1 Be present at each meal. This means eat slow and purposefully, enjoying every flavor in every bite of your food. For each item on your plate, give thought into what brought that food to your mouth and be thankful for it, from the seed the grew into your veggies, to the farmer that picked your fruit! You will not only appreciate more the experience of eating, but slowed down so not to overeat, becoming aware of what goes in your mouth from quality to portion sizes. When we are in a society that is always in a hurry, it is important to slow down!
2 Replace your bad habit. You can train your brain to respond to a situation or feeling with a little bit of willpower and consistent practice. Once you become aware of that uncomfortable feeling or anxiety leading you to overeat, under eat, purge, or whatever it may be, start practicing a new habit that will move you toward your goals rather than set you back. Make note of this EVERYWHERE! Post it on your fridge, phone, dashboard of your car, or anywhere you look frequently. This habit should be productive. Whenever I was drawn to binge, I chose to lay on the floor and do breathing and meditation practices instead. Some suggestions could be answer important emails, wash laundry, do burpees or pushups, or call a loved one! Whatever it is, make sure it is healthy and takes your mind away from the food. This task should take about 15 minutes or more. I guarantee once your mind focuses on something else, you will forget about your bad habit. With consistent practice, your brain will make this an automatic response!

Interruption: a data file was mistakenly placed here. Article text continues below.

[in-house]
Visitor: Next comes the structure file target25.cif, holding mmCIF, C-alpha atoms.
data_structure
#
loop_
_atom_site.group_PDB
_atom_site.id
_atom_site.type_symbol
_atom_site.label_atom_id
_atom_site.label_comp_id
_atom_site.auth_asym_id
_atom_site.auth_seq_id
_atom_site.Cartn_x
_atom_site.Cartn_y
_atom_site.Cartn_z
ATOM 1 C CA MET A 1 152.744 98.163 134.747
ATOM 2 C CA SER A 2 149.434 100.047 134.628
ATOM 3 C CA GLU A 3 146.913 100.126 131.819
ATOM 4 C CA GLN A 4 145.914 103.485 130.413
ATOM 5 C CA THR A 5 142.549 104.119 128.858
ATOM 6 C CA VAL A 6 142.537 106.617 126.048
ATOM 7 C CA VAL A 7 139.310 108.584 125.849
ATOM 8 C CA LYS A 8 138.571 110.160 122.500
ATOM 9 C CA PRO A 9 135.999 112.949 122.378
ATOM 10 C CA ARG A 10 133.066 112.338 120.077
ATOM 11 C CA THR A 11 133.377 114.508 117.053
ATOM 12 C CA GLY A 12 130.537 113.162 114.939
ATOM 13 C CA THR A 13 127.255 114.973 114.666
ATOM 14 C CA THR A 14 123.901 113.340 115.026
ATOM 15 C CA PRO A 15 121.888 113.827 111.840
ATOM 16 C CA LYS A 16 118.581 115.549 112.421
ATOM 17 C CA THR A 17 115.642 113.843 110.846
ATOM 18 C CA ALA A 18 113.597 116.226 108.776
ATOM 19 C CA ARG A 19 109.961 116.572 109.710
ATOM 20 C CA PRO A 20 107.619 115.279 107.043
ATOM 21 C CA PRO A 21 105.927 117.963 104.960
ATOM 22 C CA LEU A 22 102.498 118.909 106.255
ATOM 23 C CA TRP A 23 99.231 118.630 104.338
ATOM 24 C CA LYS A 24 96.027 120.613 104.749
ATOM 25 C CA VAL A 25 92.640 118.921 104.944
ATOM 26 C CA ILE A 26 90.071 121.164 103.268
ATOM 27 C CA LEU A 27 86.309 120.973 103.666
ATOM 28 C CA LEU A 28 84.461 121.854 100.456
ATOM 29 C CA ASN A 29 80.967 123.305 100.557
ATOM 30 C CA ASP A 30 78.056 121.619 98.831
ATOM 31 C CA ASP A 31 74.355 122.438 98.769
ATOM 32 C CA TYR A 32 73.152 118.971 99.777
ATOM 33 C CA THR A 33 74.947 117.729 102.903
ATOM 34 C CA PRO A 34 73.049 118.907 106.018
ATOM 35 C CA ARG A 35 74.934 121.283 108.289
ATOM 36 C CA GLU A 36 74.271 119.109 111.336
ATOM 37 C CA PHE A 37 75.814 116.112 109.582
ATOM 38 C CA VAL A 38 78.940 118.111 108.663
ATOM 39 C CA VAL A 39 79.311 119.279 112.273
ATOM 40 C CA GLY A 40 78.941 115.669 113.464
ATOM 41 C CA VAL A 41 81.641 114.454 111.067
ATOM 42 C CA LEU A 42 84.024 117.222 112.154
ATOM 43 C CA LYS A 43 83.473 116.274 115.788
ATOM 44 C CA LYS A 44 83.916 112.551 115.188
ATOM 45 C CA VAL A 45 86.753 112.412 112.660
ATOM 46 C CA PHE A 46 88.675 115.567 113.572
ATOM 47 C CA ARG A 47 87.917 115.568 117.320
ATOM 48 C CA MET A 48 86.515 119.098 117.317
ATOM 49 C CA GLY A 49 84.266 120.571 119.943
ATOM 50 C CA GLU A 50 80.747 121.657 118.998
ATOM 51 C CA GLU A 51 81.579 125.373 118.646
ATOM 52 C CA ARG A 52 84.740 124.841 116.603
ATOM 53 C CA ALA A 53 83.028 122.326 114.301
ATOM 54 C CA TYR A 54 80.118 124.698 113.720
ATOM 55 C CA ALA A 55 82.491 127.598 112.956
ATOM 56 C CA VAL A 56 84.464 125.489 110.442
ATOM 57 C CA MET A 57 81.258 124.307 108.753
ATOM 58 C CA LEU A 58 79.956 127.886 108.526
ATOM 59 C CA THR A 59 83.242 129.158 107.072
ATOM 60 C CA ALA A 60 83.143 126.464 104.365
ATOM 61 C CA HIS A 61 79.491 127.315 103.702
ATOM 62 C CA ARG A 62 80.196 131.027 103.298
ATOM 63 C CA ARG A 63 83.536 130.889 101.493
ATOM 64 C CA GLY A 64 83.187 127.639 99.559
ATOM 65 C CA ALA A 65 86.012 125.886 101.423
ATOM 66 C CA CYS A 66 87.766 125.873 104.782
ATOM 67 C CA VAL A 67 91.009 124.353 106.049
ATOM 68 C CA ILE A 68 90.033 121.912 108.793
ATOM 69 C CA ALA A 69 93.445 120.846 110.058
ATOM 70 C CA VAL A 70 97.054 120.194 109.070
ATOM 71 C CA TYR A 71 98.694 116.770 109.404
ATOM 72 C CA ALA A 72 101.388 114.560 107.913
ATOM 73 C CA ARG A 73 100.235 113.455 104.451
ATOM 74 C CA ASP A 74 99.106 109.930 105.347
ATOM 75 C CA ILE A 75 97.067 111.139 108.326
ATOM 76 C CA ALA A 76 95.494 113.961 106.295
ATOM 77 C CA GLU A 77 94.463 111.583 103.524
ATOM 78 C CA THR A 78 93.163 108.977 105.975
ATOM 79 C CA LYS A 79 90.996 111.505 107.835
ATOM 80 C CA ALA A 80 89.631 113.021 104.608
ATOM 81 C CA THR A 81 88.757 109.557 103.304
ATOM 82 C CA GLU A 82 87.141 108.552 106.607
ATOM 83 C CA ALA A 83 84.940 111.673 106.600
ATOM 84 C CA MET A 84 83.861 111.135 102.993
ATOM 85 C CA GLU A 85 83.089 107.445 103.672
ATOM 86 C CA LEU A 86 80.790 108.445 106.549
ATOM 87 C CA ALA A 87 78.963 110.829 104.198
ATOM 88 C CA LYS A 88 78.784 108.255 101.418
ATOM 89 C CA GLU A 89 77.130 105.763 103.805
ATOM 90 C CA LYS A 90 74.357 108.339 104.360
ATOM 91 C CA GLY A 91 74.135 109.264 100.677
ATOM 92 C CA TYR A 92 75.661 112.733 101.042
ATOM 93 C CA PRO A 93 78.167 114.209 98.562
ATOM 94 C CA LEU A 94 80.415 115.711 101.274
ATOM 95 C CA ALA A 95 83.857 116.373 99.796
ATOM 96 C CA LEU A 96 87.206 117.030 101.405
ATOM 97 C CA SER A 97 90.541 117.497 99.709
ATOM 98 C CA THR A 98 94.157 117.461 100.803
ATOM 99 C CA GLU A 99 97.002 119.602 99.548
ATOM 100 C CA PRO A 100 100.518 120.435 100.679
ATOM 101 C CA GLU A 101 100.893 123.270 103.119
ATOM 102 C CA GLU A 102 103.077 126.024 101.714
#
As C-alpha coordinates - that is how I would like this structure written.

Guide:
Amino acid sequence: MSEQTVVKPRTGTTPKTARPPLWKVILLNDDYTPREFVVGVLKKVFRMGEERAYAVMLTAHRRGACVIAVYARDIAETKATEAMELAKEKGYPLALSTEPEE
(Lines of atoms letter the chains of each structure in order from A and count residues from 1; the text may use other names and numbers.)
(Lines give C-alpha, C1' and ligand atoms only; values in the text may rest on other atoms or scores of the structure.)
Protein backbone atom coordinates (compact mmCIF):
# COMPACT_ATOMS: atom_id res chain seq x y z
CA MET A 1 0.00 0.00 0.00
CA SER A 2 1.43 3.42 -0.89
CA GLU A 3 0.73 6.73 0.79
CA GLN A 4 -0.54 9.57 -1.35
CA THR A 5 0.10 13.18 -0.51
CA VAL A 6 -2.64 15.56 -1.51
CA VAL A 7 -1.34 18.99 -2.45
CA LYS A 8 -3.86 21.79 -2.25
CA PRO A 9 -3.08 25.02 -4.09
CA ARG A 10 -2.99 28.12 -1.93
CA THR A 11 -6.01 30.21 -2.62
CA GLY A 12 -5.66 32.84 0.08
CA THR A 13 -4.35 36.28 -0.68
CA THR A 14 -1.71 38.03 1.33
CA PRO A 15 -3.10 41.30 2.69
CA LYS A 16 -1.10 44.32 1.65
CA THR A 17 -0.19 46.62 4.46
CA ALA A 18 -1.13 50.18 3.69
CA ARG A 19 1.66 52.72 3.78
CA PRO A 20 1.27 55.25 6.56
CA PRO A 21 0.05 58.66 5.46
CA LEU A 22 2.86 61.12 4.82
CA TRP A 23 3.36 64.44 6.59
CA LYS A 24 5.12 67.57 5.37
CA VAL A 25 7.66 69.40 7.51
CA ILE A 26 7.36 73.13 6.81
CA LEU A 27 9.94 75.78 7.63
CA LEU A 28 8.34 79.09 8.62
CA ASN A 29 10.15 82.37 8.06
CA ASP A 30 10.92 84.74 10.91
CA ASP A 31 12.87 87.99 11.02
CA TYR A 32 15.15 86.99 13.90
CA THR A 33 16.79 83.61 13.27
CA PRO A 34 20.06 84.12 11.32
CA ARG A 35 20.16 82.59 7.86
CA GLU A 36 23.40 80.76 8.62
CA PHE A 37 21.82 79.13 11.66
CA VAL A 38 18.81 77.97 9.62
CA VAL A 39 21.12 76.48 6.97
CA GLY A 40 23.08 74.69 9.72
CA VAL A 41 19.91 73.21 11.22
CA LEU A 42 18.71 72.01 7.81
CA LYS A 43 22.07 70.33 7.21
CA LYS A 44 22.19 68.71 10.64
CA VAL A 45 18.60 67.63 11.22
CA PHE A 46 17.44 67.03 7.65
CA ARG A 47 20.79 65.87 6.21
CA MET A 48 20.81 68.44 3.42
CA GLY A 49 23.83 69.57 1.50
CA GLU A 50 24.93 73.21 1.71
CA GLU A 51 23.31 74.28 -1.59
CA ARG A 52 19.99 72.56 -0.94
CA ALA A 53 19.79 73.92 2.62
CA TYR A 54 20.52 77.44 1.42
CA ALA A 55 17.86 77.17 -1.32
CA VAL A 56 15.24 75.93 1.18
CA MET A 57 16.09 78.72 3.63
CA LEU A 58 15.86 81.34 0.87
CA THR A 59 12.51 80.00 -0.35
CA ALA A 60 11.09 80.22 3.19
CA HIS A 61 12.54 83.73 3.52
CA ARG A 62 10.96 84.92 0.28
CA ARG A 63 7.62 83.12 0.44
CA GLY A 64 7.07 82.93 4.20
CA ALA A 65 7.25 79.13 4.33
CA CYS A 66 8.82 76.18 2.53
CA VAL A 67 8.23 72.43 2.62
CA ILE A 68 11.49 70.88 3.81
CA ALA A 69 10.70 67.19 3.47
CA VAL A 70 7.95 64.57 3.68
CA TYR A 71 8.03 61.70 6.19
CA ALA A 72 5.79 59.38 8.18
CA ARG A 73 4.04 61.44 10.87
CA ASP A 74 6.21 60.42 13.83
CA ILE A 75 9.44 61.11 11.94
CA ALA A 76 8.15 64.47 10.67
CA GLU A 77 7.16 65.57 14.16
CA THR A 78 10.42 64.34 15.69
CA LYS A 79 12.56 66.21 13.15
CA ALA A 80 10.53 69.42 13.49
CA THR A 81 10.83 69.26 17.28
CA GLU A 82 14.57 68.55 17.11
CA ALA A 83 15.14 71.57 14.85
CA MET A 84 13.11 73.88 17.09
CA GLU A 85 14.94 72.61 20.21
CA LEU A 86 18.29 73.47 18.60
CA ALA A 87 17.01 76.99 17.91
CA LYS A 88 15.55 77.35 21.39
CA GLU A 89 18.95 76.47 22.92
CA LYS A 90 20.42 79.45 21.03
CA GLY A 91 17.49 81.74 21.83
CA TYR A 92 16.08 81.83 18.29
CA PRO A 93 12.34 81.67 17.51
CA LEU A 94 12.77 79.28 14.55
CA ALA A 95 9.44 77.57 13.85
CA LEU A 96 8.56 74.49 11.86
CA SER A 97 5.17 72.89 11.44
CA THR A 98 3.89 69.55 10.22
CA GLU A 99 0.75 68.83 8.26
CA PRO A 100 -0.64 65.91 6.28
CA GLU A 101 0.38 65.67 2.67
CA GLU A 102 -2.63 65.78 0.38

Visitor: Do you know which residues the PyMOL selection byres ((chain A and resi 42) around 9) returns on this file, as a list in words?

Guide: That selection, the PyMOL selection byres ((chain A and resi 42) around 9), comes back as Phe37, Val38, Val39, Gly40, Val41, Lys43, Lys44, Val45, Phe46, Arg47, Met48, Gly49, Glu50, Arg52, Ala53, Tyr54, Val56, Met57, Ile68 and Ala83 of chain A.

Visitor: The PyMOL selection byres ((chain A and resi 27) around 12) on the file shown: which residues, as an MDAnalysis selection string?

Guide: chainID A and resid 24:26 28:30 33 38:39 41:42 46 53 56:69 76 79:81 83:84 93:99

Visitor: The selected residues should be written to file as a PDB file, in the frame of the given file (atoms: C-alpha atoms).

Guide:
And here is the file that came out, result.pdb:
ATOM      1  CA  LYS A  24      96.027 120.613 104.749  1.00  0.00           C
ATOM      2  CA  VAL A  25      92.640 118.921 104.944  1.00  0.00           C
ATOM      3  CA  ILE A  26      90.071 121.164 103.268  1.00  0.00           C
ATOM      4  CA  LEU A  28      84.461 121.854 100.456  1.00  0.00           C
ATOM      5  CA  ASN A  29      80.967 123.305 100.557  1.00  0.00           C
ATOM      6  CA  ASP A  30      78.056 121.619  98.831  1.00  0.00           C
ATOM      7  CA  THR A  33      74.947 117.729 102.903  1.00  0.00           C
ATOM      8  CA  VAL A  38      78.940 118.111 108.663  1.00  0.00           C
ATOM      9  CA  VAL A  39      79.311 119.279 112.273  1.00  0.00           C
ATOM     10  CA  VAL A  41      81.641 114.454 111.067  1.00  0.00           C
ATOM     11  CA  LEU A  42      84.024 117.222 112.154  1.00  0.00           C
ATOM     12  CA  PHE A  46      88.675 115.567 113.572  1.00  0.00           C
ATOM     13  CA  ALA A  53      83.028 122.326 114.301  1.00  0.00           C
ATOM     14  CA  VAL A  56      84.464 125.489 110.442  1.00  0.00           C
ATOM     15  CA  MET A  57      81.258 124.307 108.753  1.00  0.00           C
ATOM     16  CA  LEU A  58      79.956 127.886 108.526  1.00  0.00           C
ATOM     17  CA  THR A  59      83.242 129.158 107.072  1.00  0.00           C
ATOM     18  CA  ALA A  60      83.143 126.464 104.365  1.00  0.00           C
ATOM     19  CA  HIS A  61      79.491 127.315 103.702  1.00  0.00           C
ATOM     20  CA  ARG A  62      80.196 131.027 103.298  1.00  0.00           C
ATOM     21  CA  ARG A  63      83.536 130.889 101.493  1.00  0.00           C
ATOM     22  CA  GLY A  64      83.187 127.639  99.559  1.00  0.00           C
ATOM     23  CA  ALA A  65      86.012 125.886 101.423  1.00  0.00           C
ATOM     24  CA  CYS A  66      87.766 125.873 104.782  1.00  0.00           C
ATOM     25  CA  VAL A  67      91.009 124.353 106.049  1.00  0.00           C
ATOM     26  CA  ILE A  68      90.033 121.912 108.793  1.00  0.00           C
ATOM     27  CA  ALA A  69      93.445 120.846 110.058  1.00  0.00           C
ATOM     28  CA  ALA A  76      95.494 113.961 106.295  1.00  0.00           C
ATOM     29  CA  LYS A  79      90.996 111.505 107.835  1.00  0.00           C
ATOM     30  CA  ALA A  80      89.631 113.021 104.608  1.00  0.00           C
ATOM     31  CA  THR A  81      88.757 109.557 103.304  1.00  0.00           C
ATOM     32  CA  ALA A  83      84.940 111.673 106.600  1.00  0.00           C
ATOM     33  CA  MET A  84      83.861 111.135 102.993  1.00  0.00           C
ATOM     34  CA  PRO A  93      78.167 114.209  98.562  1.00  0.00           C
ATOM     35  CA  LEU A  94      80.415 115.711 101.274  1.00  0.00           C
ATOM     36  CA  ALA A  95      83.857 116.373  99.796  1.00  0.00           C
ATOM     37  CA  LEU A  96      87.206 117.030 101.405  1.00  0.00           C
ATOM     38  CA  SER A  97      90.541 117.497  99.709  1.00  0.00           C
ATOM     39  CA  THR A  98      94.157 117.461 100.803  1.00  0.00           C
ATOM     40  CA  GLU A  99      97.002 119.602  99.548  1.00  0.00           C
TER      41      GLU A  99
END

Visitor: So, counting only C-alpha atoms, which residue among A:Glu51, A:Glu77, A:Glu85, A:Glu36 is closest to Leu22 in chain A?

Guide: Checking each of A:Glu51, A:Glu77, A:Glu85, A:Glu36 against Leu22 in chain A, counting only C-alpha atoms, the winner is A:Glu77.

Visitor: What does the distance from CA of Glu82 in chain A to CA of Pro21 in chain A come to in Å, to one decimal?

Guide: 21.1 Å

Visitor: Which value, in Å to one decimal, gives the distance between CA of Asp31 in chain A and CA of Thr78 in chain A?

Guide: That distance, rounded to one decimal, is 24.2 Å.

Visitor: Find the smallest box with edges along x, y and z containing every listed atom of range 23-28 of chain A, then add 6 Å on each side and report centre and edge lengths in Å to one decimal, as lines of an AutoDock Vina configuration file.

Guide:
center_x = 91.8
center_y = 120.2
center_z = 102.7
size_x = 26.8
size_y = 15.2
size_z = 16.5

3 When dining out, it is easy to go overboard! With oversized portions and calorie packed meals, binging is easy to do without even thinking about it! Be MINDFUL of choosing a restaurant. Take a look at the menu and the photos of the food on their website to make sure there are choices that you like. We eat with our eyes as well as our stomach — does the food appeal to all your senses? Are their choices on the menu that will keep you on task, or too many choices that will set you back? Write down your choice and stick to it! And become aware of how great and strong you felt knowing you minded the better options!
Through wellness coaching, daily commitment to my practice, and support from family and friends I was able to overcome my path of self-destruction and move onward toward my goals. In addition, these books, that I recommend were very helpful. In fact, I still skim back through them from time to time. The exercises and teachings in them can help you stay on course in your diet and fitness goals, as well as personal goals!
“How to Train a Wild Elephant: And Other Adventures in Mindfulness” by Jan Chozen Bays
“Just One Thing: Developing a Buddha Brain One Simple Practice at a Time” by Rick Hanson PhD
Glory Billman, RN, BSN
ACSM Certified Personal Trainer
WNBF Figure Pro and 2012 Short Class World Champ